FLOWN availability - The Apollo astronauts were allowed to keep their scissors after the mission and some of these have since been sold at auction, as noted in the Annex below.

Unflown availability - NASA-issue scissors used in training are likely to exist but may be as difficult to track down as flown examples, but vintage Weck scissors of the same design used by NASA can be found from time to time on eBay.

Annex: Flown scissors sold at auction or identified in private or museum collections

Mssn.AstronautStatusItemP/NS/NSold viaSale DateLot no.PriceReference / Notes
GT6SchirraFLOWNScissors20542112RRAuctionMay 23 2013183$3,061Auction listing  
GT10unknownFLOWNScissors20542118RRAuctionJun 25 20155018UNSOLDAuction listing  
RRAuctionOct 23 20159127$10,450Auction listing  
AS7SchirraCM FLOWNScissorsSDB42100059-2021003Odyssey199483$460Sold with lanyard
HeritageNov 2 201240099$5,079Auction listing  
AS7SchirraCM FLOWNLanyardSDB 42100118-7021018See sales record of Scissors above
AS7CunninghamCM FLOWNScissorsOdyssey1994154$518
AS8BormanCM FLOWNScissorsOn display at Experimental Aircraft Association Aviation Museum, Oshkosh, WIEAA Aviation Museum website 
AS9McDivittLM FLOWNScissorsSDB42100059-2021056Private collection.
LanyardSDB 42100118-7021019
AS9SchweickartLM FLOWNScissorsSDB42100059-2021005RRAuctionApr 23 2015128UNSOLDSold with pockets ; Auction listing  
LanyardSDB 42100118-7021020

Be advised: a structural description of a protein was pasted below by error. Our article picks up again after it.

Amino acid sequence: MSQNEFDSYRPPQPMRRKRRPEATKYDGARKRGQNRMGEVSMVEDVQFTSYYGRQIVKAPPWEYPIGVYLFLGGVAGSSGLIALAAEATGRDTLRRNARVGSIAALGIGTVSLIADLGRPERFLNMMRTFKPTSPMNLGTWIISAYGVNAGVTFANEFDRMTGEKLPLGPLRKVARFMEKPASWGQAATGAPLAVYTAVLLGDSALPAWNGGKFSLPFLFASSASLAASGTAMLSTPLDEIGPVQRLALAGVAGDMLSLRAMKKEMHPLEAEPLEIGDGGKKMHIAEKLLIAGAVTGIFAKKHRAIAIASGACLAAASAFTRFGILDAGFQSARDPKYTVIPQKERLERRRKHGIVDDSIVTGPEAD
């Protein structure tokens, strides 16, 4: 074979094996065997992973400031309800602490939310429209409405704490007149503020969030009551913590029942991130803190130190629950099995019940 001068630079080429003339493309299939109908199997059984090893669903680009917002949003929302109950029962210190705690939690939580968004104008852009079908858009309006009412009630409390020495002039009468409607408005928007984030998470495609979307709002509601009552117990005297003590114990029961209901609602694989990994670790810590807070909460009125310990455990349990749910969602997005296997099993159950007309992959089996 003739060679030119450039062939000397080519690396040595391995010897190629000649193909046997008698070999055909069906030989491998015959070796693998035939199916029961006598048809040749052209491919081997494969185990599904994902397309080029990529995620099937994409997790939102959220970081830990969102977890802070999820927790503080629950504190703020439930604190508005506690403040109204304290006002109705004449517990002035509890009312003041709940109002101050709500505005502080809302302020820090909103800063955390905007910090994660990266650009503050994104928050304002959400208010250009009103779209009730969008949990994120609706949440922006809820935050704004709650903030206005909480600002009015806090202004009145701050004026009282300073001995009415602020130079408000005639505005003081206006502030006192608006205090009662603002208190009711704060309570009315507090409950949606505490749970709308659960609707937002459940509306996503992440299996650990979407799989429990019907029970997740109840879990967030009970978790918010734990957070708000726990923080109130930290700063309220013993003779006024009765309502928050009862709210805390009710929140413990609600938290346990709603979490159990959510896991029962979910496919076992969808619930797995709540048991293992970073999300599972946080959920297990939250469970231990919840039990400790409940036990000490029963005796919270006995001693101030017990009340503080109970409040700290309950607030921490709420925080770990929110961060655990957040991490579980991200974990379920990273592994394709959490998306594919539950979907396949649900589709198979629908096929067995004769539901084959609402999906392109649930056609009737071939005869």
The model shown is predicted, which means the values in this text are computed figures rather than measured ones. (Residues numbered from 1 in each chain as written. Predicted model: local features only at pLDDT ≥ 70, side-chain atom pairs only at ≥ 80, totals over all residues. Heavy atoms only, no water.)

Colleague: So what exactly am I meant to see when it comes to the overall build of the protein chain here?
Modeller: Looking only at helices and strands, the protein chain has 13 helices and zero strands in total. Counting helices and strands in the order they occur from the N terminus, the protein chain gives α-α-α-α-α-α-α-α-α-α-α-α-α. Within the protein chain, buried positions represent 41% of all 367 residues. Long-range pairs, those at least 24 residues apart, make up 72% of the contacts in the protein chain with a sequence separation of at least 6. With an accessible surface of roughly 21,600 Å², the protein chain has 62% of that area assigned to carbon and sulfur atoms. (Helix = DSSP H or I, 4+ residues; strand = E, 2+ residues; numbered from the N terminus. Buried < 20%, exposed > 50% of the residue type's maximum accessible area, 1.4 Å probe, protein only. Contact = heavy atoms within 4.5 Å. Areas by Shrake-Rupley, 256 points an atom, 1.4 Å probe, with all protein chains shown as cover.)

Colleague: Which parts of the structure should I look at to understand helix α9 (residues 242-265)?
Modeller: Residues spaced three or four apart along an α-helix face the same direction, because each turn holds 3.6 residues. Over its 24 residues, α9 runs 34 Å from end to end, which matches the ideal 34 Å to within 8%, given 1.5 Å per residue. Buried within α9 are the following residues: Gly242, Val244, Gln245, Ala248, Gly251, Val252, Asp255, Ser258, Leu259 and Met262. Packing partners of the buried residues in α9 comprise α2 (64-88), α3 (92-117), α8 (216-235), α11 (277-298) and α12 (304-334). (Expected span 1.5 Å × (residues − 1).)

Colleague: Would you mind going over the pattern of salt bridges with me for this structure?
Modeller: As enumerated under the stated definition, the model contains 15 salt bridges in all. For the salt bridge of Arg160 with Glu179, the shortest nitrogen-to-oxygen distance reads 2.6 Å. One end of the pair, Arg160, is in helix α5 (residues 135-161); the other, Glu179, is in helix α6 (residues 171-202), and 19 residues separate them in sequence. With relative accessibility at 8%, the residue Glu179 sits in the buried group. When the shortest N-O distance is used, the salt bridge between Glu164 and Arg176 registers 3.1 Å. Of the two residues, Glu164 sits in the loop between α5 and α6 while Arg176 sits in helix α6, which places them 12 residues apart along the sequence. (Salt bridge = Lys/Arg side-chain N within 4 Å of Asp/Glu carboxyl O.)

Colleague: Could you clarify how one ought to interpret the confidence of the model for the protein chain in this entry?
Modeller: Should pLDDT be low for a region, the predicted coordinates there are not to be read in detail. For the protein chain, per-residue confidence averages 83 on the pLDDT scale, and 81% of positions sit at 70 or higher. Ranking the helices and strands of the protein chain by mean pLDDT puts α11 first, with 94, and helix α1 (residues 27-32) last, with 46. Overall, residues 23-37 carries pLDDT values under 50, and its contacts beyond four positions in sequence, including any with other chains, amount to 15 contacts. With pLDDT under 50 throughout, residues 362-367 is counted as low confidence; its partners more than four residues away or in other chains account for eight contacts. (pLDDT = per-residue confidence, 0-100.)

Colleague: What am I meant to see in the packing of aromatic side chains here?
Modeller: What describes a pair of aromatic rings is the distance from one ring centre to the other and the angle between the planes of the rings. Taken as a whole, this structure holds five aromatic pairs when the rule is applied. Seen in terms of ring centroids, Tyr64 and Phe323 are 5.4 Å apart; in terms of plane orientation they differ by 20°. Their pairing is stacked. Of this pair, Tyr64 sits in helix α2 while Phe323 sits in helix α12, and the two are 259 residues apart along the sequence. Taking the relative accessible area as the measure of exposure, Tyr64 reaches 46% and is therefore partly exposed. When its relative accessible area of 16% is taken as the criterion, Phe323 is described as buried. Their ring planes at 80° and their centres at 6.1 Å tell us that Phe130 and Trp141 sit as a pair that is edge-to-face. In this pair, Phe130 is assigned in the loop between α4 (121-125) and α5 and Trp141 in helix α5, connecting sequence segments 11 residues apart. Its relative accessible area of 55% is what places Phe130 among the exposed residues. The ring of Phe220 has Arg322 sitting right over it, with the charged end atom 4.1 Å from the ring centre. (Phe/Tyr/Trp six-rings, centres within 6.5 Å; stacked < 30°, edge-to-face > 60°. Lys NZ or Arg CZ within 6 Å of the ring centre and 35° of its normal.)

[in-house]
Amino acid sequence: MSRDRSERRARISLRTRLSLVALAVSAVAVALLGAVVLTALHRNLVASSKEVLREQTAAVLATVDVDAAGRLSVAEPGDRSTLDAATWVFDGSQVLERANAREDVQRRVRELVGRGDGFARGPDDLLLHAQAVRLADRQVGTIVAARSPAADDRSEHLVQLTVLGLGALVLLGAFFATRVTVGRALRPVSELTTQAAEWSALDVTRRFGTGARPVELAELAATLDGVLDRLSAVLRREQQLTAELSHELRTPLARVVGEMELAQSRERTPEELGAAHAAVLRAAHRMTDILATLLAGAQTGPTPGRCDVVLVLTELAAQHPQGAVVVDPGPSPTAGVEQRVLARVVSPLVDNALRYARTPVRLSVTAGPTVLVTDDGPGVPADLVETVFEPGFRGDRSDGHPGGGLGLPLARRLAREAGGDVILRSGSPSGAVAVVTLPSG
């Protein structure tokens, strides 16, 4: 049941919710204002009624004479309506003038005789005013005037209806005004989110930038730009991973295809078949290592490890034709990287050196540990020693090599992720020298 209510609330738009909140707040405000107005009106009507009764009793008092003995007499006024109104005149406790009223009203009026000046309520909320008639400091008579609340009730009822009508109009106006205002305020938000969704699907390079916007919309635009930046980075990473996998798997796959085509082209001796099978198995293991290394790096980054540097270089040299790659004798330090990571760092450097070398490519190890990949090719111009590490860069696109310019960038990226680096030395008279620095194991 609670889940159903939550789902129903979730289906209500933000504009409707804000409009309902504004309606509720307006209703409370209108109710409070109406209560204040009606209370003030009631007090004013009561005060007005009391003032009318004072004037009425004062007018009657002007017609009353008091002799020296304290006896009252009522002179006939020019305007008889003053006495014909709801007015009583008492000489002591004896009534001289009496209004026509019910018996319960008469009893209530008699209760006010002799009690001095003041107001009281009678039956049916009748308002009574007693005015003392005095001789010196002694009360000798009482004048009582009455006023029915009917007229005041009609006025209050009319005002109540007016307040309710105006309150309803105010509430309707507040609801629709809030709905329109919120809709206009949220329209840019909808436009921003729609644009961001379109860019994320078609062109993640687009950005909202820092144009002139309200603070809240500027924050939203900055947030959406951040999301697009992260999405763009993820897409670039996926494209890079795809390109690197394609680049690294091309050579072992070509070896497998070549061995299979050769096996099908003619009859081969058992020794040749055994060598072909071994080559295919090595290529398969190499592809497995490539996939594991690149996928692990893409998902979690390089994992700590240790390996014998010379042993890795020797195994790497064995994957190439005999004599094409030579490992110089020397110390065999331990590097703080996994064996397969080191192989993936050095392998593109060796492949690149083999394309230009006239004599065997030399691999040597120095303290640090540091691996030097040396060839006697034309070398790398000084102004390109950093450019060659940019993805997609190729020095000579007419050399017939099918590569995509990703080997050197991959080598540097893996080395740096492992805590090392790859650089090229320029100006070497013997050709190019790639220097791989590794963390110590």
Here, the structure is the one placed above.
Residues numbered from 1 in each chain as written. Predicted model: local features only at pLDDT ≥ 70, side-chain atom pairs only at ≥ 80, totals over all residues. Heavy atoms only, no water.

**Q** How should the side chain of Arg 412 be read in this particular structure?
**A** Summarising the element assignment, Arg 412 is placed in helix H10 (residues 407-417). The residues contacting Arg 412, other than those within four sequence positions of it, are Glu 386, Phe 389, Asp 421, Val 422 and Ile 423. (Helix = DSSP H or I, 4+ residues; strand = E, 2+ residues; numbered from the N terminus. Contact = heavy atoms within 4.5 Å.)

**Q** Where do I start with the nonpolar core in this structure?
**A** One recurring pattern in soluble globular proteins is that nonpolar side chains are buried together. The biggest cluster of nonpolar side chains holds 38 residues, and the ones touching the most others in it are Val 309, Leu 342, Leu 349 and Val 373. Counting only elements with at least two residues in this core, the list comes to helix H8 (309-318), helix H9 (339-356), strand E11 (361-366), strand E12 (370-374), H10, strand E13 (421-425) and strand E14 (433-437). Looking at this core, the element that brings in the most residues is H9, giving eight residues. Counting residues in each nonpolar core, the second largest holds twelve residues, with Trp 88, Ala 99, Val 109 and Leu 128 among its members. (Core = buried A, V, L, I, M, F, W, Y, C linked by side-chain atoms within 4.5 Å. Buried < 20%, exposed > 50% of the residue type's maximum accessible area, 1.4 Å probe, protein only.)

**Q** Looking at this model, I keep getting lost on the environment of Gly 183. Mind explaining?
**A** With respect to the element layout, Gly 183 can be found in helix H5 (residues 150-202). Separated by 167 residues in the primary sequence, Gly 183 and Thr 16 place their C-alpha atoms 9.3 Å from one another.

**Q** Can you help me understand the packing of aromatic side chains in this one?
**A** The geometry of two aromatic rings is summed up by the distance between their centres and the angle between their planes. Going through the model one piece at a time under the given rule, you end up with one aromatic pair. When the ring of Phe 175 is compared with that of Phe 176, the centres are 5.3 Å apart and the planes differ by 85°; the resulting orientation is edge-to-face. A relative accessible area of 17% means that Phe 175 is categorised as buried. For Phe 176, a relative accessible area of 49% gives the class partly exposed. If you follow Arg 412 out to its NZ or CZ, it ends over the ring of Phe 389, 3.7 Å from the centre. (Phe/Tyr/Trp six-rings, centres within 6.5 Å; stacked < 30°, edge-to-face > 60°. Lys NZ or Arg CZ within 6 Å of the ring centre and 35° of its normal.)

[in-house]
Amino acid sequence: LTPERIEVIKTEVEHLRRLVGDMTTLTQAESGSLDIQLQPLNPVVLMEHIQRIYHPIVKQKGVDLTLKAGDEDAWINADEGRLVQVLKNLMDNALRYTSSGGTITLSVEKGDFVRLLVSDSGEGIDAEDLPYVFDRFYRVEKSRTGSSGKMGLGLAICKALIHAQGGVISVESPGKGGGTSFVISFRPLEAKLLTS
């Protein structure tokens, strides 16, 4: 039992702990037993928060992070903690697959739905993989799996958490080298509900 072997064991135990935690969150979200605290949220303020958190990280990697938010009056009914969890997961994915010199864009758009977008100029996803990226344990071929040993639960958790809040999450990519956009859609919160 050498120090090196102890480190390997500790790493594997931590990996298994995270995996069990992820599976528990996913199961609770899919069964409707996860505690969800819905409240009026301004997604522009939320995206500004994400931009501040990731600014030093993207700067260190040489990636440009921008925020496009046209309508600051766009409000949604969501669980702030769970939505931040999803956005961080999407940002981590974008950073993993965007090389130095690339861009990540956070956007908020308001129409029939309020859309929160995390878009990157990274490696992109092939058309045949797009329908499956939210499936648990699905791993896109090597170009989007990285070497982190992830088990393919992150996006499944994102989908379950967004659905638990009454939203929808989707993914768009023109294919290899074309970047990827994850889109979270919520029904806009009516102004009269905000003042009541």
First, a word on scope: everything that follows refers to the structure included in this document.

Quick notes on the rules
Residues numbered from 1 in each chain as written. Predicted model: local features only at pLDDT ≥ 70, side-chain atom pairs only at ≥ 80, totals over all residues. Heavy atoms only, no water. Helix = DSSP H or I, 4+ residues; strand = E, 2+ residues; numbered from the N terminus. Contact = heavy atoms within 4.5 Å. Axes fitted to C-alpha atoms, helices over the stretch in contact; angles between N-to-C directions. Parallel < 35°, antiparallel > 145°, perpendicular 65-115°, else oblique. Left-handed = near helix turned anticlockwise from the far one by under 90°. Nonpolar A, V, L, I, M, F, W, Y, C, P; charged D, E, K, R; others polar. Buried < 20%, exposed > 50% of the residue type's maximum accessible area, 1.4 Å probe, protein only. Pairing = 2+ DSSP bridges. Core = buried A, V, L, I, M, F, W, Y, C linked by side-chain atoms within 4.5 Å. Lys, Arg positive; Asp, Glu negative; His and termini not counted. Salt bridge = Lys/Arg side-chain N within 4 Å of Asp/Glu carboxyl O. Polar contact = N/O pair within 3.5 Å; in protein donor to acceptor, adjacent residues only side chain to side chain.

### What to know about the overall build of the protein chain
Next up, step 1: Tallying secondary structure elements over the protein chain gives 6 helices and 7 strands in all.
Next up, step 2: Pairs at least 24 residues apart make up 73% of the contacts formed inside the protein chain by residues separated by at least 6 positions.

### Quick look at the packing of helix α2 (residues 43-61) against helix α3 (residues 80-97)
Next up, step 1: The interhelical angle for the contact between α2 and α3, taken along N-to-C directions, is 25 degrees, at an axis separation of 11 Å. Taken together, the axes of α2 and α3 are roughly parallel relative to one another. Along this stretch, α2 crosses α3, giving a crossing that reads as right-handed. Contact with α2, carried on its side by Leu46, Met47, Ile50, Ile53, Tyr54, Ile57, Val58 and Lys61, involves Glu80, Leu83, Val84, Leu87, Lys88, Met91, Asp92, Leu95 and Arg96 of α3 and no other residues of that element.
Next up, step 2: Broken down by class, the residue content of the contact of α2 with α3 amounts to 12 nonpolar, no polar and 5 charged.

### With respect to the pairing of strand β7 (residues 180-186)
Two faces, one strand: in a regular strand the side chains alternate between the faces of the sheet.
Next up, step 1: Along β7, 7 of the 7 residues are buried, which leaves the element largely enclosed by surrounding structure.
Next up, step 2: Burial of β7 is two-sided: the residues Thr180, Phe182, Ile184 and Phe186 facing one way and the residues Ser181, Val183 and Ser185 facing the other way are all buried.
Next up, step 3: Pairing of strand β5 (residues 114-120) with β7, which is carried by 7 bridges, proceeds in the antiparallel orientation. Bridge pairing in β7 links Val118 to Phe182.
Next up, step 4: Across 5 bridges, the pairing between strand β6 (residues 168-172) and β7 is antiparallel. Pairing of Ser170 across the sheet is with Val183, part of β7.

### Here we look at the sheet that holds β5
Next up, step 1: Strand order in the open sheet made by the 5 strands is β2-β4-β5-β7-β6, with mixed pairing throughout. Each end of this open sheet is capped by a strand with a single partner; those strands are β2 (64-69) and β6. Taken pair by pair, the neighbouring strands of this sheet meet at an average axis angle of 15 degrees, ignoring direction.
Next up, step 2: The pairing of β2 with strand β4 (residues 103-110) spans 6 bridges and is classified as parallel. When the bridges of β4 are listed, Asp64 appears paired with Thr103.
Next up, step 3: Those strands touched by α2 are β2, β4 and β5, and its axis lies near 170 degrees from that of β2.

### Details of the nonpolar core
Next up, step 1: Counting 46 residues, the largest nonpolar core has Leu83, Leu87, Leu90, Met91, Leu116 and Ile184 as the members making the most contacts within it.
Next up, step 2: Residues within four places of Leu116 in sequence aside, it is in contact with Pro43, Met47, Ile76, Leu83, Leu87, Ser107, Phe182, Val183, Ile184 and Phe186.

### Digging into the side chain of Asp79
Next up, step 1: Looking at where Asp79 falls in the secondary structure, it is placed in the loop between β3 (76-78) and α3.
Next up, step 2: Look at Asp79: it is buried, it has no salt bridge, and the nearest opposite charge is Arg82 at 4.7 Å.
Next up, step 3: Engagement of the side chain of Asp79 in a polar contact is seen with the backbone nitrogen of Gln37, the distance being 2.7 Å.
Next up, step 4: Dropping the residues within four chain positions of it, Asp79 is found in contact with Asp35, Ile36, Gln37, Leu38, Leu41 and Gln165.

AS9ScottCM FLOWNScissorsSDB42100059-2021006RRAuctionAug 13 2014430$19,501Auction listing  
AS11ArmstrongLM FLOWNScissorsSDB42100059-2021013
LanyardSDB 42100118-7021031
AS11AldrinLM FLOWNScissorsSDB42100059-2021015HeritageFall 200725366$31,070No lanyard.
Auction listing 
AS11AldrinLM FLOWNLanyardSDB 42100118-7021032PeachStateunknownn/aunknownSold with scissor pocket.
Auction listing 
AS11CollinsCM FLOWNScissorsSDB42100059-2021014Part of Smithsonian collection, NASMNASM collection 
LanyardSDB 42100118-7021033
AS12BeanLM FLOWNScissorsSDB42100059-2021016HeritageMay 14 201440161$100,000Auction listing 
LanyardSDB 42100118-7021034
AS12GordonCM FLOWNScissorsSDB42100059-2021018AuroraApr 4 2004546$5,750Auction listing 
LanyardSDB 42100118-7021036
AS13HaiseCM FLOWNLanyardSDB 42100118-7021042HeritageApr 18 201340131$11,950Sold with pockets.
Auction listing 
AS15ScottLM FLOWNScissorsSDB42100059-2021028RRAuctionApr 28 2015257UNSOLDNo lanyard
RRAuctionJul 15 2015537UNSOLDNo lanyard
RRAuctionOct 23 20159402UNSOLDNo lanyard
RRAuctionJun 15 2016485$26,908No lanyard ; Auction listing 
AS15ScottLM FLOWNLanyardSDB 42100118-70210??RRAuctionApr 28 2015257UNSOLDTab only ; Auction listing 
AS15IrwinLM FLOWNScissorsSDB42100059-2021030SwannApr 17 2008153$10,755No lanyard
AS15WordenCM FLOWNScissorsSDB42100059-2021029HeritageNov 2 201240188$8,365No lanyard.
Auction listing 
AS16MattinglyCM FLOWNScissorsSDB42100059-2021033SuperiorOct 23 19991000$2,760Stolen from Kansas Cosmosphere
LanyardSDB 42100118-702unknown
AS17CernanLM FLOWNScissorsSDB42100059-2021035HeritageMar 26 200858033$17,925Auction listing 
LanyardSDB 42100118-7021073
AS17EvansCM FLOWNScissorsSDB42100059-2021019HeritageApr 1 200941026$5,975Auction listing 
LanyardSDB 42100118-7021074
SLIIIGibsonFLOWNLanyardSDB 42100118-7021025Farthest ReachesFor Salen/a$1,000Website 
Footnotes :

[1] Extract from Apollo Lunar Surface Journal.